Another year’s end, another plea for the release of Jonathan Pollard, the civilian intelligence analyst for the Navy who pleaded guilty in 1987 to passing classified information to Israel. But this time it’s different.
In addition to the call for his release on humanitarian grounds, having served more than 28 year, there are additional factors at play. One is that the U.S. is pressuring Israel and the Palestinians to agree on a peace deal in the next six months. A number of Pollard supporters are asserting that in return for Israel having released dozens of jailed Palestinian prisoners with blood on their hands, the U.S. should, in effect, reward Jerusalem by finally freeing the American Jewish spy.
Others note that it has recently come to light, through the Edward Snowden revelations, that the U.S. has been spying on Israeli leaders for years, including the prime minister and defense minister. “It is the height of hypocrisy not to grant clemency at this point,” Rabbi Gerald Skolnik, president of the Conservative movement’s Rabbinical Assembly, told our Stewart Ain this week. (See story on page 1.) The rabbi accused the U.S. of a “holier than thou” attitude.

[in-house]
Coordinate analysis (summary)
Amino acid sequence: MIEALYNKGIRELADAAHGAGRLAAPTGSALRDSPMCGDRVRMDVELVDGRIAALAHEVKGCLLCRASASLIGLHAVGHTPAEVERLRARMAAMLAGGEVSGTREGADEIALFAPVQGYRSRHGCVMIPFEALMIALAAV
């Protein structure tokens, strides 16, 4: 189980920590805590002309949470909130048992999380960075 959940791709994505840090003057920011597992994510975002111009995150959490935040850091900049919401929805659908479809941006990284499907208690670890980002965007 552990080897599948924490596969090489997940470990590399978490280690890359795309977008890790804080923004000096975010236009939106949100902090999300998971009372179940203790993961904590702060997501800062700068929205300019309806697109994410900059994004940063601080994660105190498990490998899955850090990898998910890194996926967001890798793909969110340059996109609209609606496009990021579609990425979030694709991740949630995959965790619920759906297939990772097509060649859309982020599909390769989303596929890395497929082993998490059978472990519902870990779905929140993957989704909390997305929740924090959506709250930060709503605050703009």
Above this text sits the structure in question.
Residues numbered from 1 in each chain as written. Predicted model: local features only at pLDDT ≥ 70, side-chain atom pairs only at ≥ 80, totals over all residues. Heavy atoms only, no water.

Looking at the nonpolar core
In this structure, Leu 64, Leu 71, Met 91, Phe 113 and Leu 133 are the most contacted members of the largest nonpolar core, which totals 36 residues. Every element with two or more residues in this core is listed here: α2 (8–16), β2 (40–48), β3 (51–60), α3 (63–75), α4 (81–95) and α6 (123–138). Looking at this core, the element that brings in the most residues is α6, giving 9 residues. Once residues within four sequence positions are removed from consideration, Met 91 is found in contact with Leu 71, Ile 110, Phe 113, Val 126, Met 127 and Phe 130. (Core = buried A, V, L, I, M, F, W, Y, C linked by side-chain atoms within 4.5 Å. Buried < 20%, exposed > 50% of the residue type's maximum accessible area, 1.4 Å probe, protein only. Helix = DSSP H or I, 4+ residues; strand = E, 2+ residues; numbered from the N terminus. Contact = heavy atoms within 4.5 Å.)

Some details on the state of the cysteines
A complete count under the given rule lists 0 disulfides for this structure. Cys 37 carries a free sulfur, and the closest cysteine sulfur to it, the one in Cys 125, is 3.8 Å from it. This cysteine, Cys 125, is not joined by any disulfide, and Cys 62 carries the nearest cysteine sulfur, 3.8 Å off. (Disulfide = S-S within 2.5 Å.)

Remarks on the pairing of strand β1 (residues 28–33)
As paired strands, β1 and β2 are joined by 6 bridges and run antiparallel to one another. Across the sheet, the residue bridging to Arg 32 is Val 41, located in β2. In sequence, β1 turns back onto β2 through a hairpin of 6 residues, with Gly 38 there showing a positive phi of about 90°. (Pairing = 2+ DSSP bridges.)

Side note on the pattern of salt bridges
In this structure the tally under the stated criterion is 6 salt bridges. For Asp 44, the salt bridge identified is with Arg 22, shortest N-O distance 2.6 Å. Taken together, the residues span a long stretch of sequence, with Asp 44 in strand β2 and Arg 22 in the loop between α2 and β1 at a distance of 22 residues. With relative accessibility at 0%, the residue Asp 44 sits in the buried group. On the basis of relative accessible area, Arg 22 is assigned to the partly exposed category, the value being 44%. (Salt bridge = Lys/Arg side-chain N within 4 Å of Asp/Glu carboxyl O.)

American Jewish leaders are puzzled as to why President Obama has not given any indication of a willingness to free Pollard. Anti-Defamation League National Director Abraham Foxman said the U.S. refusal to date “verges on vengeance.” But every president since Ronald Reagan has refused to let Pollard go, citing the severity of his crime, though the details have not been released.
While Jewish leaders debate how best to make their case for Pollard, it should be noted that there is now virtual unanimity among them that it’s beyond the time for his release. We believe the approach should be based less on political tradeoffs than the basic humanitarian facts. Pollard has served far longer than many who spied for America’s enemies, and Israel, of course, is an ally. He presents no threat to U.S. security. He is in poor health. And quite simply, enough is enough.
Our Newsletters, Your Inbox
ADD YOUR COMMENT
The Jewish Week feels comments create a valuable conversation and wants to feature your thoughts on our website. To make everyone feel welcome, we won't publish comments that are profane, irrelevant, promotional or make personal attacks.